Best Buy, Whirlpool, and others sequester workers to live and think together in hopes they'll hatch ideas for the real (corporate) world
It sounds more like reality TV than a reasoned strategy. Last year, Best Buy (BBY) picked four groups of salespeople in their 20s and early 30s and asked the strangers to room together for 10 weeks in a Los Angeles apartment complex. On the agenda, besides hanging out at the beach: coming up with businesses the electronics retailer could roll out quickly and cheaply.
Believe it or not, the arrangement worked. Today, in a dozen stores in greater Los Angeles, Best Buy offers a service called Best Buy Studio, which provides Web-design consulting for small businesses. Jeremy Sevush, a former sales-floor department supervisor in West Hollywood, came up with the idea and then worked with executives to launch the venture only a couple of weeks after he moved out of the company apartment last May.
"My friends joked and said I was joining 'Real World: Best Buy Edition,'" says Sevush, 29, referring to the MTV (VIAB) television series that features a youthful cast sharing a home. "Living together and knowing we only had 10 weeks sped up our team-building process. We voluntarily worked longer hours, talking about business models while making spaghetti."
Extreme brainstorming sessions like Best Buy's may be common in the tech sector, where programmers and engineers are sequestered so they can better focus on the next breakthrough. Now other companies are turning employees into temporary housemates, too. Whirlpool (WHR), for example, packs eight sales reps off to a house in Benton Harbor, Mich., to cook and clean together for seven weeks under a program called Real Whirled. By thoroughly familiarizing themselves with Whirlpool appliances, the company hopes, salespeople will become sharper marketers of the goods.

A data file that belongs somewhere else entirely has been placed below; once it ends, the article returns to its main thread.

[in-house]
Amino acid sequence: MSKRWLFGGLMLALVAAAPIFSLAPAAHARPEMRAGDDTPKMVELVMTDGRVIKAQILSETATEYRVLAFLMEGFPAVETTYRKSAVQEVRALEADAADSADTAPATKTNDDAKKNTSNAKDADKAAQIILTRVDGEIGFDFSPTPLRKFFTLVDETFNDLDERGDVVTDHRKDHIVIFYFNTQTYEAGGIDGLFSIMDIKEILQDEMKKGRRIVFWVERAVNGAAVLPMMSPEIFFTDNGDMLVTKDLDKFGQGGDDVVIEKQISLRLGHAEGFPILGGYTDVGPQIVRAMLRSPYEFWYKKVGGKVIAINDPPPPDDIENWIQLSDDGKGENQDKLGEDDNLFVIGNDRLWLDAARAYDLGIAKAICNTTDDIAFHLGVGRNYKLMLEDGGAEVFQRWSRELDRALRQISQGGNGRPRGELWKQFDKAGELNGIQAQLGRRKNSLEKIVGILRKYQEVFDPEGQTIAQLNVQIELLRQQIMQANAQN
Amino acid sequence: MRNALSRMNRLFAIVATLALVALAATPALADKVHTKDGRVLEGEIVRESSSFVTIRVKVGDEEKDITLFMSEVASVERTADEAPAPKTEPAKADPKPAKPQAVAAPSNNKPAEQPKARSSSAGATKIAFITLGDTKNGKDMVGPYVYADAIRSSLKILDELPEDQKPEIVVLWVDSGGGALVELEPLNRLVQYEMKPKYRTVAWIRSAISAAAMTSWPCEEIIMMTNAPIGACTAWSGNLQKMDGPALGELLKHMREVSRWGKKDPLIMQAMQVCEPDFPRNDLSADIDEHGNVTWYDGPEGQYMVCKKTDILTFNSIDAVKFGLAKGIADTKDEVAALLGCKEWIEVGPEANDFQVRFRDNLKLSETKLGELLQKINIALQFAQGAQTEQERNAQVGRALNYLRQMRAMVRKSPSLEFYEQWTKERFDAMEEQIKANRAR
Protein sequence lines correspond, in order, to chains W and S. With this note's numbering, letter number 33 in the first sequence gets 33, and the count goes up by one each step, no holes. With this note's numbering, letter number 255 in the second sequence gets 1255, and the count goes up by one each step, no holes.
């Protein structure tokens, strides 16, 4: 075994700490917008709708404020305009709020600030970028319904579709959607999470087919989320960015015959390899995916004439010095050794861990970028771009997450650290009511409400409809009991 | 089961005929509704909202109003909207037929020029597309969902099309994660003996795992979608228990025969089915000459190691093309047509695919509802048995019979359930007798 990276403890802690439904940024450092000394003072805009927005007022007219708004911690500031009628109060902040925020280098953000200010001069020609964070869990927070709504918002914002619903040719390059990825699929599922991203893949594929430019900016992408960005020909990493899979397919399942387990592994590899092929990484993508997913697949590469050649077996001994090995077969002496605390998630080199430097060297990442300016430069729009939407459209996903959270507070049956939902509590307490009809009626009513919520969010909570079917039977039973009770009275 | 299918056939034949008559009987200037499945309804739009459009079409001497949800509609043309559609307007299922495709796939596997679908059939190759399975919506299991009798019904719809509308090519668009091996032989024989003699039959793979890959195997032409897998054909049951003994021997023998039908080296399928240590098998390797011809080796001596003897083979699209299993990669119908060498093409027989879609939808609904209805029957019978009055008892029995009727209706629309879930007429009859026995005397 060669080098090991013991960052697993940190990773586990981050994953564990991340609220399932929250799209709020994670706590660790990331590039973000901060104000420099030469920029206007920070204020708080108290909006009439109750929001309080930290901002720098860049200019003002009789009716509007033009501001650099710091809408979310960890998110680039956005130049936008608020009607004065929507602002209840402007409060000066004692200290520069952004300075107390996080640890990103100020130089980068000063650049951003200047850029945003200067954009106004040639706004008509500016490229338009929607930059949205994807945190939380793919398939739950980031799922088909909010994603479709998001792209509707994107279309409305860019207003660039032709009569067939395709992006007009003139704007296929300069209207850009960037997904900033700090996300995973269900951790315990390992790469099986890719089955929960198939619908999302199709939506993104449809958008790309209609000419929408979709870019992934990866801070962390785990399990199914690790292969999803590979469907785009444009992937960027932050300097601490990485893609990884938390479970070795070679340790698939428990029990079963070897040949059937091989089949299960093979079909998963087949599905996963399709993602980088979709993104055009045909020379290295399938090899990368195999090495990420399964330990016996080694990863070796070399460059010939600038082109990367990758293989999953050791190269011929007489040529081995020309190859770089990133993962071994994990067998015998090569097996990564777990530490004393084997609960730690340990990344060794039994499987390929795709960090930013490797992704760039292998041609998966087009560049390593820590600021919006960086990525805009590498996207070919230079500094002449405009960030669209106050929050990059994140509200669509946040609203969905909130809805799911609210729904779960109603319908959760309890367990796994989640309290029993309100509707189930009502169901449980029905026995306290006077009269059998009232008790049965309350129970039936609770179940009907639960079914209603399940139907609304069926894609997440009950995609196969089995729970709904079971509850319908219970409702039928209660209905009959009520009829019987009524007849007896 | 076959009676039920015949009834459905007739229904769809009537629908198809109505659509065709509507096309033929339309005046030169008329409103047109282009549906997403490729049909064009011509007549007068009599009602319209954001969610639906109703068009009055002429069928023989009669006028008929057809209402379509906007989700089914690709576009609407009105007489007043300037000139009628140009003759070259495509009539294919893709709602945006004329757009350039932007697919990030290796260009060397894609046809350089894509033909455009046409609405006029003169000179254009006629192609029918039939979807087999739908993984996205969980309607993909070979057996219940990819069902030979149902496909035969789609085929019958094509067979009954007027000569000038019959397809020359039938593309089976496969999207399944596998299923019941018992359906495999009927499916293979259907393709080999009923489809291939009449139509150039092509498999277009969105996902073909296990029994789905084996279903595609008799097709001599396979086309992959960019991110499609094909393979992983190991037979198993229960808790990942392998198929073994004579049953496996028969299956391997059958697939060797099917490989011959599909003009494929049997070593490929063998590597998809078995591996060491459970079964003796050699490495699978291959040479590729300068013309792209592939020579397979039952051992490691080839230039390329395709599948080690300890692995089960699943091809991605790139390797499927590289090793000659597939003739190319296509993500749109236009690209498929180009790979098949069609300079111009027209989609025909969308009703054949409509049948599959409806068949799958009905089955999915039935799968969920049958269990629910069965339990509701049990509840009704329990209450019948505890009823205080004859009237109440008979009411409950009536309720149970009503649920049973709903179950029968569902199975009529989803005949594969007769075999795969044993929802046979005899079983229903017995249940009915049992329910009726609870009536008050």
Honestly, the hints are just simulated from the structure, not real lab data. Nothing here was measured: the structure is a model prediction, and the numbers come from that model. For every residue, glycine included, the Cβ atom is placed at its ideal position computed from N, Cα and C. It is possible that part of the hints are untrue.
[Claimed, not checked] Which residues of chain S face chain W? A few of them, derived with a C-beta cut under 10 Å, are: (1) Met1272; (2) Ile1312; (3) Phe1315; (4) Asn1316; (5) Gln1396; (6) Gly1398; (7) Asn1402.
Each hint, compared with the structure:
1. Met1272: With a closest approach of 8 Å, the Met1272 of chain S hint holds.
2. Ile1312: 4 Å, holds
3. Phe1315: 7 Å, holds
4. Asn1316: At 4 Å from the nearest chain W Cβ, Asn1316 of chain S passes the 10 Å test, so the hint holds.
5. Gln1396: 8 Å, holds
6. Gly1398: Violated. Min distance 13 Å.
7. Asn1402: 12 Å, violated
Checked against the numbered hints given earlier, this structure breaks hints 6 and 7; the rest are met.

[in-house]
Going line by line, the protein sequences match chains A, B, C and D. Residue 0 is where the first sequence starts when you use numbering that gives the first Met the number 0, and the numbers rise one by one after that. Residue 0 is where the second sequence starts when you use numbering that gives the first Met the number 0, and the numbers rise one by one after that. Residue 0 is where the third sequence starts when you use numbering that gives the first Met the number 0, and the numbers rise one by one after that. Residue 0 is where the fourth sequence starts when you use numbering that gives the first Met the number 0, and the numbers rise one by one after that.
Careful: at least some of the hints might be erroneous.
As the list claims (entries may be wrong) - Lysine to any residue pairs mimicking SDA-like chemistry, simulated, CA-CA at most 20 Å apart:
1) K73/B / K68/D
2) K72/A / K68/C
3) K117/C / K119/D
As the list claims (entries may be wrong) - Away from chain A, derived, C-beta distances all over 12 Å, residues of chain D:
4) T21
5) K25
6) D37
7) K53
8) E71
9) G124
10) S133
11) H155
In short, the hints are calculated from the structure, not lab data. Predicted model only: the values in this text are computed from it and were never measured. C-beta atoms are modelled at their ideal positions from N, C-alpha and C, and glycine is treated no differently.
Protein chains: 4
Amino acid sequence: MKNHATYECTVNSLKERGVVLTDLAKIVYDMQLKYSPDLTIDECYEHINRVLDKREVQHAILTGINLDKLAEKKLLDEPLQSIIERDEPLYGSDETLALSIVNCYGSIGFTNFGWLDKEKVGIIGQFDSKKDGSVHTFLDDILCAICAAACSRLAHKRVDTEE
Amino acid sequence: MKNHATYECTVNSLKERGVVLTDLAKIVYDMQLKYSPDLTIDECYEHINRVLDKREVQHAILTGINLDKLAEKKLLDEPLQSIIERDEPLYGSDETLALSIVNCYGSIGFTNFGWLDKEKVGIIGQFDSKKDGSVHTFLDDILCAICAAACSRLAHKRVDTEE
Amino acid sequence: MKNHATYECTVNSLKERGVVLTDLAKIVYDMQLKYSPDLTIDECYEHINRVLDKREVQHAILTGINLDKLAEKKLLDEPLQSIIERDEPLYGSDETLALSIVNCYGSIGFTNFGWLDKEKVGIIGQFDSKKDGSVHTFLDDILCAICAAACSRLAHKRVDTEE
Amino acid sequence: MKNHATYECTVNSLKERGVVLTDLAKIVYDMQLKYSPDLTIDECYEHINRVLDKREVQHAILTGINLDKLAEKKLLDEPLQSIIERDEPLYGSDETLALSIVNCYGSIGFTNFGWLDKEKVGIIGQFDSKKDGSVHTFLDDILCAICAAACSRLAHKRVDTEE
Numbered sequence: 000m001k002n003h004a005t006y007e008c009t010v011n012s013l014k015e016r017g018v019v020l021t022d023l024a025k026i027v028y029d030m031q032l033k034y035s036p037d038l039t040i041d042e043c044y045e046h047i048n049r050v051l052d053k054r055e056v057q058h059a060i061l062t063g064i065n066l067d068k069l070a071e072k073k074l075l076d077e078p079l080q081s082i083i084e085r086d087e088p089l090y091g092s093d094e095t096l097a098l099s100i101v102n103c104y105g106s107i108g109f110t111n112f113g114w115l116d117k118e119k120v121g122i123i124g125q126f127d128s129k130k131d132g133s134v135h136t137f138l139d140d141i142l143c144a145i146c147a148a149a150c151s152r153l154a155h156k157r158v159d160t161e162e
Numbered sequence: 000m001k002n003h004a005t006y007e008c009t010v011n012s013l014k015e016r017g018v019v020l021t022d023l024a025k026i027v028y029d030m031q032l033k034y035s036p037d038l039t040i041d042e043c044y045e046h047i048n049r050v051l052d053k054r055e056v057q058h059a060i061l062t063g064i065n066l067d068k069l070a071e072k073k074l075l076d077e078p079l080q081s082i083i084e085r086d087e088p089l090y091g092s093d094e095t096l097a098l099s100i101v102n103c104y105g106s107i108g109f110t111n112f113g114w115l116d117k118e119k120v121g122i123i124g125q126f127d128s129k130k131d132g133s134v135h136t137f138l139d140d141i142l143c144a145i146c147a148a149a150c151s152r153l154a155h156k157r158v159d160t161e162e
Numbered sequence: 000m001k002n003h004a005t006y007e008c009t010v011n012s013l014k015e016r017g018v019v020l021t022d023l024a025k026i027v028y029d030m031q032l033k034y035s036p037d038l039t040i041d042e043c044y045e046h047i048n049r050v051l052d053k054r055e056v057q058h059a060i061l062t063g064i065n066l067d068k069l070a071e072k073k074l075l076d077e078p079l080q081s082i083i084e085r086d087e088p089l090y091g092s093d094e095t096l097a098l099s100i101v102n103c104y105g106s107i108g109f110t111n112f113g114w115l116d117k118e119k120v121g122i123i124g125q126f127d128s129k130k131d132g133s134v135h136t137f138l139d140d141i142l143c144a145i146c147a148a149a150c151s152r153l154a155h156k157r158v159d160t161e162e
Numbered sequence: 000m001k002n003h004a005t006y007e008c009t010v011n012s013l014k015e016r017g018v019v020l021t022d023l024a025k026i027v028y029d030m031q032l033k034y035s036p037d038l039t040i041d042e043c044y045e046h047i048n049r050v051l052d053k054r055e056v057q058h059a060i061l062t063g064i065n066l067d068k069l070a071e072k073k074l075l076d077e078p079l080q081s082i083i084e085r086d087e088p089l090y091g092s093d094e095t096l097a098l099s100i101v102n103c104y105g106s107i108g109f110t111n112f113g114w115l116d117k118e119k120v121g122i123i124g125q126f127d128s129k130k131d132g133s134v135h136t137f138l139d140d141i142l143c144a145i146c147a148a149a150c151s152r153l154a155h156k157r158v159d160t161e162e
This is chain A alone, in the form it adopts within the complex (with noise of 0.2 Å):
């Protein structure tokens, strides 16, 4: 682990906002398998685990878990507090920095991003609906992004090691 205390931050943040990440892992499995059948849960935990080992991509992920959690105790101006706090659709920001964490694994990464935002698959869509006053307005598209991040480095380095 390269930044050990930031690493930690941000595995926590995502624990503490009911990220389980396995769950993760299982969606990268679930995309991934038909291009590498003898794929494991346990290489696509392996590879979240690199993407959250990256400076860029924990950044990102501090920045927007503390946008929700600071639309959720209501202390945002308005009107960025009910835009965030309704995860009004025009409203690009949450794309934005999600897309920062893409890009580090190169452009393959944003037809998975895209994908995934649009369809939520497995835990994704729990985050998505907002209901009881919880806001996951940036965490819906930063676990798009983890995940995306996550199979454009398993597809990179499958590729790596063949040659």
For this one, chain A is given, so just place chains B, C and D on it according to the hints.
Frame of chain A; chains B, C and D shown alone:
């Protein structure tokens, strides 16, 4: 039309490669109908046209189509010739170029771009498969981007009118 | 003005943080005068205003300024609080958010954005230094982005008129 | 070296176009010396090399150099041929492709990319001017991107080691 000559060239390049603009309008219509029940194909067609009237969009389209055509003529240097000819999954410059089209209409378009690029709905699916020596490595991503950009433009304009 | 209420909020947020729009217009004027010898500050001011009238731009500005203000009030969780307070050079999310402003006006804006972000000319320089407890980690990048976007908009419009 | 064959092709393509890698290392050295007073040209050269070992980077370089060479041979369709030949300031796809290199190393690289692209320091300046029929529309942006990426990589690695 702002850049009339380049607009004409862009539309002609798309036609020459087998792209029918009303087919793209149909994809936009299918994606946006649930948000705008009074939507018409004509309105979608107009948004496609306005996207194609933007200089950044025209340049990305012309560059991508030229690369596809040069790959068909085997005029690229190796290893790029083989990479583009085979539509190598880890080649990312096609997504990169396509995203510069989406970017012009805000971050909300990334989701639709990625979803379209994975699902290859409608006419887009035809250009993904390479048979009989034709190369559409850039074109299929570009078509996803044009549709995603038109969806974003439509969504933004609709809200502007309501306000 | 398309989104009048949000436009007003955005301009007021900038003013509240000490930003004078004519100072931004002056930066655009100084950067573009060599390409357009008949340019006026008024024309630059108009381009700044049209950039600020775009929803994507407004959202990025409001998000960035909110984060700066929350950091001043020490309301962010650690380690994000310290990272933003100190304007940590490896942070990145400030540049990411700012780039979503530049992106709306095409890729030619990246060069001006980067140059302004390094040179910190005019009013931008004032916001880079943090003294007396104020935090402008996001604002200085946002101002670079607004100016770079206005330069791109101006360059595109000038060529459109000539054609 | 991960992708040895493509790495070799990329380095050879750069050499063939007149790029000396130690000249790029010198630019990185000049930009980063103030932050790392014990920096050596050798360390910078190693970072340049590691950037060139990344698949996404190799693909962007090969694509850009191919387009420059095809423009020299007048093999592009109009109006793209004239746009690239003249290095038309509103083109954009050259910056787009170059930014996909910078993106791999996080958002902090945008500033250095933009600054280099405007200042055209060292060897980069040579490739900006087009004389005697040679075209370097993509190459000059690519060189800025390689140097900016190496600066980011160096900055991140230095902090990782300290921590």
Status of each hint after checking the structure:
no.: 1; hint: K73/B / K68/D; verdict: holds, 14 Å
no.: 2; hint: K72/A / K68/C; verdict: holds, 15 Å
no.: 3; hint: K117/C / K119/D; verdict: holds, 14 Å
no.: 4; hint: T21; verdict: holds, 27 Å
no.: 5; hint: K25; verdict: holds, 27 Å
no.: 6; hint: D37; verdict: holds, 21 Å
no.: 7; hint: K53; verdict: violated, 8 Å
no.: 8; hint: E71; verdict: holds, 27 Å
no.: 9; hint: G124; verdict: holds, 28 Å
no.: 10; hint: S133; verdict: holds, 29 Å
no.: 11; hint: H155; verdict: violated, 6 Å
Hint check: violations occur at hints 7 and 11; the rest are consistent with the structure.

A PRESSURE COOKER FOR IDEAS
Best Buy retained former IBM (IBM) manager John Wolpert to create and oversee its innovation project. Wolpert, who runs Team upStart, a consultancy in Sunnyvale, Calif., had used a similar real-life approach at IBM's Extreme Blue incubator in Austin, but never before at a retailer. He charges up to $75,000 for each 10-week immersive session, including room and board for employees, who are assured they'll get their old jobs back. "There's something magical about taking smart people out of their safety zones and making them spend night and day together," he says. "You have to prioritize on steroids and be absolutely ruthless to prove what you want to do can be done."
With consumers cutting down on electronics purchases these days—Best Buy's same-store sales have been declining since last fall—the Minneapolis company is reevaluating outlays. Best Buy executives won't say whether the real world version of The Real World will be renewed for 2009.
But they say they're keeping Best Buy Studio going to see if it should be expanded. They also want front-line employees to continue to offer up business ideas. "Employees don't need permission to create or innovate," says Brian Dunn, Best Buy's president and chief operating officer, who will succeed Chief Executive Brad Anderson in June. Dunn admits to having a soft spot for store clerks. He started as one 23 years ago.
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